Mom Calls Herself ‘Domestic Failure’ And Opens Up About Battling Postpartum Depression For Years

by Kate Taylor
Kate is a writer who laughs at her own jokes and likes to pour too much hot sauce on her food.

Having a baby is usually one of the most exciting events in a mother’s life. That said, it’s not always an easy experience.

That is especially true for mothers who suffer from postpartum depression. The Mayo Clinic explains that the condition is characterized by conflicting feelings of anxiety and joy following childbirth.

The symptoms can include mood swings, insomnia, loss of appetite, irritability, and a lot more unpleasant feelings. For a new mom, this can be especially difficult while trying to adjust to the demands of caring for an infant.

It’s no surprise that this big adjustment in circumstances and even hormones can trigger such a severe reaction. According to the American Psychological Association, up to one in seven women can experience severe symptoms of postpartum depression.

In other words, you’re not alone if you can relate to this problem. That being said, don’t take my word for it. One mom who knows firsthand took to Facebook to share her story.

Bunmi Laditan is a mother-of-three, author and self-titled, “domestic failure.”

She too suffered from postpartum depression, and opened up about her journey in a moving Facebook post:

Good morning, babes. It’s Saturday morning which if you’re 7 means party time and if you’re a parent means absolutely nothing.

Let’s talk about postpartum depression.

I had it bad with my third born. My last baby, my first son.

We all know about the anxiety, OCD, chilling thoughts, rage that sneaks up on you like a flash fire and then is drowned by your own shame-filled tears and all that fun stuff yay but what no one can prepare you for is how it feels to hold a baby and not feel like she’s yours.

With my first two I felt that magical insta-connection. You know what I’m talking about. That mama-bear-I will-kill-a-mofo-who-touches-this-stroller-primal-let-me-drink-in-your-euphoric-scent-Jacob-imprints-on-Renesmee-you-are-in-my-bones-realness.

But when I came home with my little cub, while he was cute as a button, I knew something was missing. 

He didn’t feel like mine. I felt like I was taking care of someone’s else’s child.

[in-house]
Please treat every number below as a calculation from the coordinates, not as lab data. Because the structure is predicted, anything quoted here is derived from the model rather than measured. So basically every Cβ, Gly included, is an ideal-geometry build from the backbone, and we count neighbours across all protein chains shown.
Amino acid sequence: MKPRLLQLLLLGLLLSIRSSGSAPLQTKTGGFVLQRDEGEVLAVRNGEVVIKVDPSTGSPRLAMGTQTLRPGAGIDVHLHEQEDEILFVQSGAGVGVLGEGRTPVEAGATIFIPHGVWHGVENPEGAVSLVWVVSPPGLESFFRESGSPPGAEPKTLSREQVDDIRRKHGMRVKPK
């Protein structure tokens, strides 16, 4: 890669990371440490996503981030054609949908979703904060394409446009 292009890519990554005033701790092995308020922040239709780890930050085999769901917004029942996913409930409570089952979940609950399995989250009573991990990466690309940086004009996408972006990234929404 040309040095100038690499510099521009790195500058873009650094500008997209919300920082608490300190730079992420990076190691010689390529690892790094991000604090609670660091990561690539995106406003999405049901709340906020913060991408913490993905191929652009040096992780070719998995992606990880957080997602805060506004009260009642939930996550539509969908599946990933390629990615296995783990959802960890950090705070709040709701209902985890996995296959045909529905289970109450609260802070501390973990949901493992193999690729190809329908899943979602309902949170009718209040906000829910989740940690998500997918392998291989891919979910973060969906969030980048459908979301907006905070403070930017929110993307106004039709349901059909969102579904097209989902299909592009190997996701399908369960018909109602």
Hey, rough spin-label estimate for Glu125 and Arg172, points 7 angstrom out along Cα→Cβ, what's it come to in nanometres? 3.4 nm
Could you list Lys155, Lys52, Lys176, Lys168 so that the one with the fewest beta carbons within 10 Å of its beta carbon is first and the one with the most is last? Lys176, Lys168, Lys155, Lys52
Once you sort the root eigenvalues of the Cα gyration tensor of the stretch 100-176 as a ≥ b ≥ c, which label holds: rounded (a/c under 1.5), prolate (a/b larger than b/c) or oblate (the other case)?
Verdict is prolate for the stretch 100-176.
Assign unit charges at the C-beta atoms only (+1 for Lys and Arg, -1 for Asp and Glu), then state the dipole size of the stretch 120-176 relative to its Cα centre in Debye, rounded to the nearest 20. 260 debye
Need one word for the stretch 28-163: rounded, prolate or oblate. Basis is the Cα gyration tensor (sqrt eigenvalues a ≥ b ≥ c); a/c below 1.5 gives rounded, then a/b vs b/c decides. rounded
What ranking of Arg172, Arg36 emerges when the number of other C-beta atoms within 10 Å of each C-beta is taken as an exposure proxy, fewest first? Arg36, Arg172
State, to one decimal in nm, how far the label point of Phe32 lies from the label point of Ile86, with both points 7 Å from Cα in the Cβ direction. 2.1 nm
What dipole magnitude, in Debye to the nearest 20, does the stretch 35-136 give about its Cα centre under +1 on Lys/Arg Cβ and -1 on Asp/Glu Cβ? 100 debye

My body felt distinctly postpartum and was leaking from too many places but as I’d change his diapers and gently push his sweet little arms through his yellow and white pajamas, I remember looking my bedroom door, half expecting his real mother to walk in and say, “Excellent work, fräulein, I’ll take it from here.” 

In those early days, I’d sit up in the dark of night nursing him looking like the picture of maternal devotion, but there was something missing and one of my greatest fears was that someone would notice. 

Once I finally was diagnosed and medicated, my mood began to stabilize, but that connection? God is my witness, it took three solid years. 

Three years. 

Three years. 

In that time, I loved my baby boy, took him to play centres, parks, we cuddled, I painted his hands and pushed them into soft clay for keepsakes, and snapped a million photos, but there was a valley between us that I prayed he didn’t feel. 

Then one day, or perhaps over several days, or maybe through each day of showing up, his real mother finally walked through the door and it was me. 100% me. 

Now I can confidently yell at him to stop standing on the back of the couch because no, I am not going to the emergency room tonight because you think you’re Spider Man without feeling like I’m stealing someone else’s lines.

I wipe up his messy hands after he’s gotten into the poster paint saying, “What am I going to do with you,” a little annoyed, mostly delighted by his mischievousness the way mothers are knowing this moment is mine all mine. 

I am his mother and he is my child with no doubts, no angst, nothing between us except the hoodies I’ll wear 3, 4 days in a row. 

So, mother, if you’re going through this today, changing a baby’s diaper or giving a toddler a bath with the shaking fear in your heart that this little one will never feel like your own, please just wait.

Keep showing up. Keep rocking them to sleep searching their little faces for what you need. Keep wiping down that high chair and kissing their pillow soft cheeks. Every time you do you, the angels throw a handful of sand into the canyon between you. One day it will be full and you’ll walk across it to find you were always there somehow.

No, it’s not fair that you have to work at what’s supposed to come naturally, but in life the only thing that’s promised is work.

Have faith, sweet mother. Your efforts will be rewarded. Speak gently to yourself. Breathe. Ask for help. Dawn will come, girlie. Just stay. 

Love, Bunmi 

Learn more about Bunmi Laditan and her books on her Facebook page.

Be sure to SHARE this moving story with your loved ones!